Tea Party Rep. Chip Cravaack (R-MN) had been avoiding his constituents during the August recess, holding on private and pay-per-view meetings until a group of “granny” protesters shamed him into hosting a public town hall this week. Cravaack finally held a forum at the Duluth airport yesterday afternoon, and its clear why had avoided doing so before as some constituents confronted him for supporting cuts to Pell Grants while refusing to raise taxes on the wealthy. “Unfortunately, what I’ve seen is they’ve become more and more uncivil as time goes on,” Cravaack said. Participants remained civil, but the discourse was certainly heated at times.
Theresa O’Halleran Johnson, a recent college grad, spoke up after Cravaack suggested that Pell grants are responsible for raising tuition costs on “normal people.” “Pell grants have increased the last four years by 139 percent. Dollar for dollar, as the Pell grants increase, so does normal tuition on normal people,” Cravaack. “That’s not true!” several constituents shouted. Johnson took the mic to say, “That is completely incorrect.”
“I am this future you keep taking about — the future you keep talking about piling debt on,” Johnson continued. “And this is the future speaking, asking why you aren’t raising taxes on people who can afford it.” Johnson’s comments were met with wild applause and cheers from the crowd.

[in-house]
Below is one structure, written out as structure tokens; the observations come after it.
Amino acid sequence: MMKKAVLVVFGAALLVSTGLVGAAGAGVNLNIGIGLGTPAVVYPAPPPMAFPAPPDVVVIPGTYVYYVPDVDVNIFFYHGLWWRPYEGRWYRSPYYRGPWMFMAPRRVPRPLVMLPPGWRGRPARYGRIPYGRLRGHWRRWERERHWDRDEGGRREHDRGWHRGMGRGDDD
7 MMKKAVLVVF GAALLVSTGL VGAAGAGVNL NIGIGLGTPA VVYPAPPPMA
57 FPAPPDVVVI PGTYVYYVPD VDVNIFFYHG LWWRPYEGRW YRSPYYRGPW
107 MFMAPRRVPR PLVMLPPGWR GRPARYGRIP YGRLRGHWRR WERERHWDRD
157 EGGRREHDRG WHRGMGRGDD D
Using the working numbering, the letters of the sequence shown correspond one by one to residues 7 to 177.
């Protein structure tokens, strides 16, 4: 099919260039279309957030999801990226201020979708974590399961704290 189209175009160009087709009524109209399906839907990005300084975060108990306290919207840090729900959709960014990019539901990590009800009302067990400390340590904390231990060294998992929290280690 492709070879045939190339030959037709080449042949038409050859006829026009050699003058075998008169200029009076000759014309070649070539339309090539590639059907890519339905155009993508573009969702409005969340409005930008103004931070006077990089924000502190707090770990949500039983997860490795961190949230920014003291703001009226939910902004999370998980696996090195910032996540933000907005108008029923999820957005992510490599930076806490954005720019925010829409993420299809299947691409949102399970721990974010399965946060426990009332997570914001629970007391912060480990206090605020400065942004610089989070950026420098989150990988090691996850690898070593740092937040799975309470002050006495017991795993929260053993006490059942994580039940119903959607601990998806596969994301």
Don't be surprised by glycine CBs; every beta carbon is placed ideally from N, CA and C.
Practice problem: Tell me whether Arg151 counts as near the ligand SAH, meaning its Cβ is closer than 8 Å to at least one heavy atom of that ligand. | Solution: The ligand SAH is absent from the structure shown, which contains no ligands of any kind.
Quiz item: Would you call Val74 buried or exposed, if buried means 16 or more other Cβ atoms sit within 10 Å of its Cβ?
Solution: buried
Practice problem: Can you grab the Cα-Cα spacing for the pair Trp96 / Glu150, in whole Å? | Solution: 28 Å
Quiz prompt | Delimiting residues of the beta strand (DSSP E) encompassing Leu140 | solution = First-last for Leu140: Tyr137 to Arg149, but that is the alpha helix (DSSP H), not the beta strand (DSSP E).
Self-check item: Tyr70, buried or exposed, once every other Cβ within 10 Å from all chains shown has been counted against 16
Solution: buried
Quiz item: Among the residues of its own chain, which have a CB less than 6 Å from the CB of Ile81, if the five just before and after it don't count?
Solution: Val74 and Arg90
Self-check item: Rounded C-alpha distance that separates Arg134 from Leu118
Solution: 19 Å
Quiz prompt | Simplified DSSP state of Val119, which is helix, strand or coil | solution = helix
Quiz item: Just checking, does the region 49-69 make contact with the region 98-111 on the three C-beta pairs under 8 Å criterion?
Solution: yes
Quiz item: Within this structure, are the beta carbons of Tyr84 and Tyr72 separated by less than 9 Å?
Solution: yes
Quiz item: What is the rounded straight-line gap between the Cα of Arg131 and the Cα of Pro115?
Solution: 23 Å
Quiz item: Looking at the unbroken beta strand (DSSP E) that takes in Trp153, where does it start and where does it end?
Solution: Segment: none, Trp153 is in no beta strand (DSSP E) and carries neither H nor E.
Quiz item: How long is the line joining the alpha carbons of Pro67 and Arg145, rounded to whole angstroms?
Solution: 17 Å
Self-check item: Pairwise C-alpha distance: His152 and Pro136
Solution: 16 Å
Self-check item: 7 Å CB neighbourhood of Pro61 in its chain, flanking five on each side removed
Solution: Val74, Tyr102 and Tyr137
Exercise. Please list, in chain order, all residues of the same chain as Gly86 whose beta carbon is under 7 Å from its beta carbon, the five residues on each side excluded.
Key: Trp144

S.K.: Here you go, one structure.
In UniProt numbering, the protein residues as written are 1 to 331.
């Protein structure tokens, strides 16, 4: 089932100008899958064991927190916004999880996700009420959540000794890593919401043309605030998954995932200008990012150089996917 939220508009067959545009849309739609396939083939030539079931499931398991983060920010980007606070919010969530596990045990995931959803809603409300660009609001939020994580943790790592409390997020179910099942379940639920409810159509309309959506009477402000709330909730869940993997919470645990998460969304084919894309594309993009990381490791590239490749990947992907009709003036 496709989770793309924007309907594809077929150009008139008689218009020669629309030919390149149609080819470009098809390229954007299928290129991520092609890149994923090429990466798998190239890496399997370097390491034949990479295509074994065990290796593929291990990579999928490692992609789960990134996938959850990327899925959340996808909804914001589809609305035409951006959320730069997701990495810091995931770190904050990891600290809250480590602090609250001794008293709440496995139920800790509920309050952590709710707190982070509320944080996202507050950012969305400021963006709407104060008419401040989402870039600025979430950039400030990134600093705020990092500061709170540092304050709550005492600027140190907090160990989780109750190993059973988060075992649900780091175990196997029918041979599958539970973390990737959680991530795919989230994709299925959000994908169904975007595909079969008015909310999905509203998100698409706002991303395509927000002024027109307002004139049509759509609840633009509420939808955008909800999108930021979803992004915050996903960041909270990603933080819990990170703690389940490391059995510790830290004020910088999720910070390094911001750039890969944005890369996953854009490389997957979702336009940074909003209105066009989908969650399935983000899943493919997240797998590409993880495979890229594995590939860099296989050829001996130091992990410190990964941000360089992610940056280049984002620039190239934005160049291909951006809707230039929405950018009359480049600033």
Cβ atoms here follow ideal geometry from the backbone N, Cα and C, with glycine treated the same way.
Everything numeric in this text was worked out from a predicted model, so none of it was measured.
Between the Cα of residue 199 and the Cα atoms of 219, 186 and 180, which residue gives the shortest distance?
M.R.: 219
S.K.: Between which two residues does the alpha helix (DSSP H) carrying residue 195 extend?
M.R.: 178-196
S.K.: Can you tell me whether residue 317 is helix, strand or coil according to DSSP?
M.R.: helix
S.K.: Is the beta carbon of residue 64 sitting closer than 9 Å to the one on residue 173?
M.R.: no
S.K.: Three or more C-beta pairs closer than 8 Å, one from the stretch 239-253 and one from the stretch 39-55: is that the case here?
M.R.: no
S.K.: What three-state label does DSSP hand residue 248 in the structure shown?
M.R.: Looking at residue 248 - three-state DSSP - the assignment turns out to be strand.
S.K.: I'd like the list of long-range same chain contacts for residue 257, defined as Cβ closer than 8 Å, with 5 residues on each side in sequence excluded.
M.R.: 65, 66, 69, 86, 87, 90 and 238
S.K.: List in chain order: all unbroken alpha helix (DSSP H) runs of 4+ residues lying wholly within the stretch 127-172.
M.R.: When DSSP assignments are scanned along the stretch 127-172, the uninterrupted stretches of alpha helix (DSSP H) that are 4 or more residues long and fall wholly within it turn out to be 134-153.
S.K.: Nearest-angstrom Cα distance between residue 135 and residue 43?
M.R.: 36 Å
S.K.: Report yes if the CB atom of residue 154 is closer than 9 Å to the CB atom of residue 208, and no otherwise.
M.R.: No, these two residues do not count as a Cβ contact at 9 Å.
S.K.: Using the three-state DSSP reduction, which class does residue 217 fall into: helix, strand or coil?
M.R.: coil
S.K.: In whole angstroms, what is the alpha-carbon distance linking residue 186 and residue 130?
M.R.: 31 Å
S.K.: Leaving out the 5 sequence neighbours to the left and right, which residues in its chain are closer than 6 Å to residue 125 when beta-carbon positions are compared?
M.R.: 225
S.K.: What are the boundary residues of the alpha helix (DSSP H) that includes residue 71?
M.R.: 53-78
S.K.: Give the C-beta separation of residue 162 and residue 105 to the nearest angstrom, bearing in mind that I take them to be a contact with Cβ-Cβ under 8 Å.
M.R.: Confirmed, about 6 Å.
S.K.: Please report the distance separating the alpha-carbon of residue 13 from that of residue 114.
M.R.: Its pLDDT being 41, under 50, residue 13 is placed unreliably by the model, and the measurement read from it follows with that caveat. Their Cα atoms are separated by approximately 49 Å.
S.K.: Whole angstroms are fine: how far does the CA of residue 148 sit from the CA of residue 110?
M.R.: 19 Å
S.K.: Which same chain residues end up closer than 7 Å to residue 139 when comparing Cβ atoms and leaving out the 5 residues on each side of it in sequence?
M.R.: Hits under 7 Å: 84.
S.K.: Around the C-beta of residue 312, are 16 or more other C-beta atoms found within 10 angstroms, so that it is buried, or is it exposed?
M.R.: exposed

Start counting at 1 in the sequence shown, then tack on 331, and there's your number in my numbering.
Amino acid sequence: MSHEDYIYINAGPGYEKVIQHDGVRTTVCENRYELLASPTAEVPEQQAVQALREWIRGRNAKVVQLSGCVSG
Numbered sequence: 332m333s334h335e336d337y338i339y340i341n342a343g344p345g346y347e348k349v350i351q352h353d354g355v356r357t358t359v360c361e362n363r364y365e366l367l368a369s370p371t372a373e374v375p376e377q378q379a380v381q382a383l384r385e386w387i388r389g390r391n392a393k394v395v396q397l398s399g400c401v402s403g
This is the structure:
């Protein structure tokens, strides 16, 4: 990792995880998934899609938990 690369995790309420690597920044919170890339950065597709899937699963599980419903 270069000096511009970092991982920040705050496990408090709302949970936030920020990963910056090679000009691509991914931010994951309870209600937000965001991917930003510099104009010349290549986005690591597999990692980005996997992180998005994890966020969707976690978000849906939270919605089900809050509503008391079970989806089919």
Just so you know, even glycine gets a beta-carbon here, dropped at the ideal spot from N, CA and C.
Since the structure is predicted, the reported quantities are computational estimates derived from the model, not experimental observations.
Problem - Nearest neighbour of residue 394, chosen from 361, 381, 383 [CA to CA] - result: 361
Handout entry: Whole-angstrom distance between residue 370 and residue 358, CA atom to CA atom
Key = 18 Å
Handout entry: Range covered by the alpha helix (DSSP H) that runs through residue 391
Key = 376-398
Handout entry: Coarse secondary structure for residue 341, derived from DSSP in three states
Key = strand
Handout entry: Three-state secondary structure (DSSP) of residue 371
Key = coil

When Cravaack prepared to leave the town hall “promptly one hour after it started,” several audience members again spoke up, asking that he stay to answer more questions, since it’s unclear when or if he’ll hold another public forum in district’s main city. Watch video shot by YouTube user MimiVictoria345, and compiled by ThinkProgress:
Cravaack’s claim about Pell grants comes from analysis put out House Budget Chairman Paul Ryan (R-WI) in support of the GOP budget, which cuts funding for the education program. As ThinkProgress has noted, the study Ryan cites to support his claim actually finds the opposite, concluding, “we find little evidence” that the grants increase tuition costs.
“I thought it was poor. He spent a lot of time explaining his position. He did not allow enough people to speak,” said Kathy Hern, an unemployed worker, told a local Fox affiliate of the event.